In many places, someone wanting to build a hotel out of ice—and charge people $600 a night to sleep in it—might have been laughed out of town. But here people seem to take the unusual in stride. Perhaps that’s one reason the town is so supportive of Virgin Galactic’s equally outrageous plans. “Bergqvist showed it was possible to make crazy success out of what’s just outside the house,” Törmä says. “Many people are very proud of these crazy ideas.”
Spaceflight could mean yet another tourist boom in Kiruna. Johanna Bergström-Roos, information manager at Esrange space center, says the minimum stay for space tourists would be three days—two for orientation and classes to make sure people know how to handle themselves in flight, and one for the flight itself.
And those rich enough to buy $200,000 trips to space are going to want to share their experience with spouses, kids, maybe parents and friends. “If a space tourist comes, they’ll bring five, 10, 15 people along,” Bergström-Roos says. All those people will need places to stay and things to do. Plans are already in the works: Bergström-Roos showed me sketches for Space City 2020, a development program that would capitalize on the spaceport’s success with space summer camps, centrifuges to simulate high G-forces, and video links to let people on the ground share the spaceflight experience in real time.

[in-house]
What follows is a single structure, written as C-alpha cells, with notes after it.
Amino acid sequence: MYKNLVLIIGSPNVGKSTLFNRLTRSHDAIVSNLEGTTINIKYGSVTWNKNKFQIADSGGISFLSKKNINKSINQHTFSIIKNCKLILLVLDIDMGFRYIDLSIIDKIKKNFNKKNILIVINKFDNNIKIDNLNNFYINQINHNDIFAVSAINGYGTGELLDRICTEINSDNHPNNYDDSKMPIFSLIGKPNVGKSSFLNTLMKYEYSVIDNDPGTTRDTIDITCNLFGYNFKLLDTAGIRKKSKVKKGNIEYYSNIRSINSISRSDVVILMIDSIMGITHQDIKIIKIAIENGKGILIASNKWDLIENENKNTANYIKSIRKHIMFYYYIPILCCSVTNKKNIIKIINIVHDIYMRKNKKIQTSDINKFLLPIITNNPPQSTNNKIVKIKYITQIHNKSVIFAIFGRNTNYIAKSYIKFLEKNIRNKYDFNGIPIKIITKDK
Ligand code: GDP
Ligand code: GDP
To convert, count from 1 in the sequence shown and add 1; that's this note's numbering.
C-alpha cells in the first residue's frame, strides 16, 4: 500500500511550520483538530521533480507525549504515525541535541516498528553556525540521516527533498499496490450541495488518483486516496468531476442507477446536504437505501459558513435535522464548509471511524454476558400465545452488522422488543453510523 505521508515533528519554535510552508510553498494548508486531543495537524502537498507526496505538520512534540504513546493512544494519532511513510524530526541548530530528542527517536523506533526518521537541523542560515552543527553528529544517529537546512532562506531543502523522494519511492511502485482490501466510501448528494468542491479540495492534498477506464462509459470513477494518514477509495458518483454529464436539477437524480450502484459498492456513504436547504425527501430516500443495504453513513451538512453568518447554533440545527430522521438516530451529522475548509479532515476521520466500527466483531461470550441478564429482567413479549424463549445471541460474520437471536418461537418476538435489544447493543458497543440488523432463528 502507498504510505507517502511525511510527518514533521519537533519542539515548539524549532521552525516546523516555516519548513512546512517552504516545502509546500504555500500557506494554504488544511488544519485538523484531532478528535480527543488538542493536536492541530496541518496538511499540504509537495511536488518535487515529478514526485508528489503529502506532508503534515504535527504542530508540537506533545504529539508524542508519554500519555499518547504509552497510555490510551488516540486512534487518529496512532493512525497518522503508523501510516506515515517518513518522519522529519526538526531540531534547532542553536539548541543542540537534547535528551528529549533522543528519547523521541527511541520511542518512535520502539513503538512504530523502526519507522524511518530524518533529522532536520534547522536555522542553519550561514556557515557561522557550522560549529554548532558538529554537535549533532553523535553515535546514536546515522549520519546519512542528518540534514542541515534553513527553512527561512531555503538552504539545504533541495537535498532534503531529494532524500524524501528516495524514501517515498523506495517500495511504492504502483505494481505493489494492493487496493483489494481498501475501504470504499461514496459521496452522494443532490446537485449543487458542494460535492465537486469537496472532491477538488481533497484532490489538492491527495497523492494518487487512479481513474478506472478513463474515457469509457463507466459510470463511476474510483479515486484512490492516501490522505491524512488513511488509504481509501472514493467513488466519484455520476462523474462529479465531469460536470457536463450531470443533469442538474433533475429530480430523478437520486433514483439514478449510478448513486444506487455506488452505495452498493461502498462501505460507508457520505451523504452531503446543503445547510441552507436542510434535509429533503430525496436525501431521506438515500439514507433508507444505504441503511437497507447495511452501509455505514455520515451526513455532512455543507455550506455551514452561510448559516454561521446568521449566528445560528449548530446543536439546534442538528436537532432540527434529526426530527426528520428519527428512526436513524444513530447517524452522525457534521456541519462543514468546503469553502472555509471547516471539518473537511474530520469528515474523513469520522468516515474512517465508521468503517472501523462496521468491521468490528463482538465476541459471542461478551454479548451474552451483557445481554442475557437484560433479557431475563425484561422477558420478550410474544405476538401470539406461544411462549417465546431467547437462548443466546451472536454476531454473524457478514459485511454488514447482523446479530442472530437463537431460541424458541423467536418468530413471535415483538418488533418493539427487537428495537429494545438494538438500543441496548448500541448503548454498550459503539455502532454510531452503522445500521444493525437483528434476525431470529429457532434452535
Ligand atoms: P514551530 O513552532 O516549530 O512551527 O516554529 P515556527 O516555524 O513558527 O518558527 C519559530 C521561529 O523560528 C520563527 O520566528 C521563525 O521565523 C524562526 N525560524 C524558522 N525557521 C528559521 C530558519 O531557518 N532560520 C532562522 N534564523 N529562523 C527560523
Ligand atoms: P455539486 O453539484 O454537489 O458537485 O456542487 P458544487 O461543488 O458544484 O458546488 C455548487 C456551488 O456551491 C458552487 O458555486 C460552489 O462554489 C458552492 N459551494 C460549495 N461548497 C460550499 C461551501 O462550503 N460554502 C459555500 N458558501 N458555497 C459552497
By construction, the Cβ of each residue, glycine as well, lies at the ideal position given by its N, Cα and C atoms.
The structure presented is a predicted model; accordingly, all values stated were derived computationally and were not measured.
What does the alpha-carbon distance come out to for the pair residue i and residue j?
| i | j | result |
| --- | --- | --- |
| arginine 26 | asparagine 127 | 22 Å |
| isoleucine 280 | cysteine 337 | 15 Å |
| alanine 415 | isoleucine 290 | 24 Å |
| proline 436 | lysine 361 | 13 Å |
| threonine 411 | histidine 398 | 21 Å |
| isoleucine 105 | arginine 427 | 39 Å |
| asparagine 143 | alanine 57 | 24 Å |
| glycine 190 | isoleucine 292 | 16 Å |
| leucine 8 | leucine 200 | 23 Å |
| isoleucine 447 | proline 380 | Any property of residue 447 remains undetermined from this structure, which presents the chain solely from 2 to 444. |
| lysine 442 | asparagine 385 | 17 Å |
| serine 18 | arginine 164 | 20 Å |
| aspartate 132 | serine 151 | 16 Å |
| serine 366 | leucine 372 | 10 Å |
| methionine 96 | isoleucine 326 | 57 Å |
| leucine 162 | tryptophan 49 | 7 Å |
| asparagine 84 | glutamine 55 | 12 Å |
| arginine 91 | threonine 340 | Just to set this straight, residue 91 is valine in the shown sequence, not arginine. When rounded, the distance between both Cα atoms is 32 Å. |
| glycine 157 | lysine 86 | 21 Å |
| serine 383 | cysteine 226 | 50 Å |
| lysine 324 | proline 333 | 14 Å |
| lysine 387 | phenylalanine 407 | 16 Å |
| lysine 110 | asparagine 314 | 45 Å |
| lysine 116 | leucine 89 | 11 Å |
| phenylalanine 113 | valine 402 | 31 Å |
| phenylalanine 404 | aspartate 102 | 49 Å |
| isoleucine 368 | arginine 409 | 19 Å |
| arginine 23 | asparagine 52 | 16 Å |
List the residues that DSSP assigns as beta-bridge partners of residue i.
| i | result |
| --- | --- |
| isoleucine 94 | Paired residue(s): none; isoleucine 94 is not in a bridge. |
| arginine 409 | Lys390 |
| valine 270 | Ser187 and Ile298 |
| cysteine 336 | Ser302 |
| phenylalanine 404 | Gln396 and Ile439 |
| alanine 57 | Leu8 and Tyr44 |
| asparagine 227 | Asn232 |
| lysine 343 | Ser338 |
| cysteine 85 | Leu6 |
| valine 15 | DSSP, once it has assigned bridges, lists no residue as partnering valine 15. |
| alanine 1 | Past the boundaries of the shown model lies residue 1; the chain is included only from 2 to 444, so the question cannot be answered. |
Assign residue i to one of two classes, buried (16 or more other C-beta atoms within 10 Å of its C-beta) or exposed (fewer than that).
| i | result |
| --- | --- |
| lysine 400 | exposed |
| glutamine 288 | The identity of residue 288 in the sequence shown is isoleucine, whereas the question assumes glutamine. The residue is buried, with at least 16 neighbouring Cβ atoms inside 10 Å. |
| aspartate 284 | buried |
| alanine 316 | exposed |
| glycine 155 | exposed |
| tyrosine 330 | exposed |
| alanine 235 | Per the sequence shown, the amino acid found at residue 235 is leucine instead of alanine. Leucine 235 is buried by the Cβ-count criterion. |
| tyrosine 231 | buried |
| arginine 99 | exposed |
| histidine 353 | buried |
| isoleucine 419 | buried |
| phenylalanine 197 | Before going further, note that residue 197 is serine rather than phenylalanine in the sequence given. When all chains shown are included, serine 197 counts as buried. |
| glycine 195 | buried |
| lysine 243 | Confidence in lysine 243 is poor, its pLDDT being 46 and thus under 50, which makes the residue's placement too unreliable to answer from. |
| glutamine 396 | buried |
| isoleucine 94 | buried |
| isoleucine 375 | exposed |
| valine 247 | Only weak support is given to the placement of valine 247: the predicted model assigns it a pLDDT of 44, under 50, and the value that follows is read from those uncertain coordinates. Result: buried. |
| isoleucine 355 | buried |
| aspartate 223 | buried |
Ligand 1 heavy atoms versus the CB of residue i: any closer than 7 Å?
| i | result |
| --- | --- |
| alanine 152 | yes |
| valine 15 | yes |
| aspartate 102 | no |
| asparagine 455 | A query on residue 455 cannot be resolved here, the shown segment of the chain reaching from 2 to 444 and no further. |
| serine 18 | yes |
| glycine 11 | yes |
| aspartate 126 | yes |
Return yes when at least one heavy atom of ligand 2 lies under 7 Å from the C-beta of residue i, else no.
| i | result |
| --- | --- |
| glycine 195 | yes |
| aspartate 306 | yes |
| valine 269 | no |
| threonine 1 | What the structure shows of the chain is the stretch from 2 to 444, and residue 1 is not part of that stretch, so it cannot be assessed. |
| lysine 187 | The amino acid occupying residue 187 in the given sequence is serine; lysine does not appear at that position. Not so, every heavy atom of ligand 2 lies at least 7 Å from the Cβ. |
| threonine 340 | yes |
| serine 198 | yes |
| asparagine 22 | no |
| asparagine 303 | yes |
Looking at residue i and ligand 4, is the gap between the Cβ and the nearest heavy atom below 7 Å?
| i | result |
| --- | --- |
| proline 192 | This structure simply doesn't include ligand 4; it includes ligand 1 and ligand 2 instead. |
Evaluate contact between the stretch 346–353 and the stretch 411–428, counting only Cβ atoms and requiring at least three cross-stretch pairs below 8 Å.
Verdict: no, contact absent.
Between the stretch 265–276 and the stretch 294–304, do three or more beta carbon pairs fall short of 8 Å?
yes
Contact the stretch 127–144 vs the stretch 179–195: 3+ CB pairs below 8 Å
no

Dan Bjork, the IceHotel’s marketing director, says the hotel is working with Spaceport Sweden (a consortium made up of four corporations in Kiruna, including the Swedish Space Corporation, and the IceHotel) to come up with a plan to pamper Virgin’s customers, from accommodations and entertainment to working with Virgin’s medical staff to produce just the right pre-flight menu for their four-star restaurant.
Bergström-Roos estimates that the space industry in Kiruna employs 500 people right now. “If we can double that in 10 years, it will be a great success,” she says. “We know the mine will not be there forever.”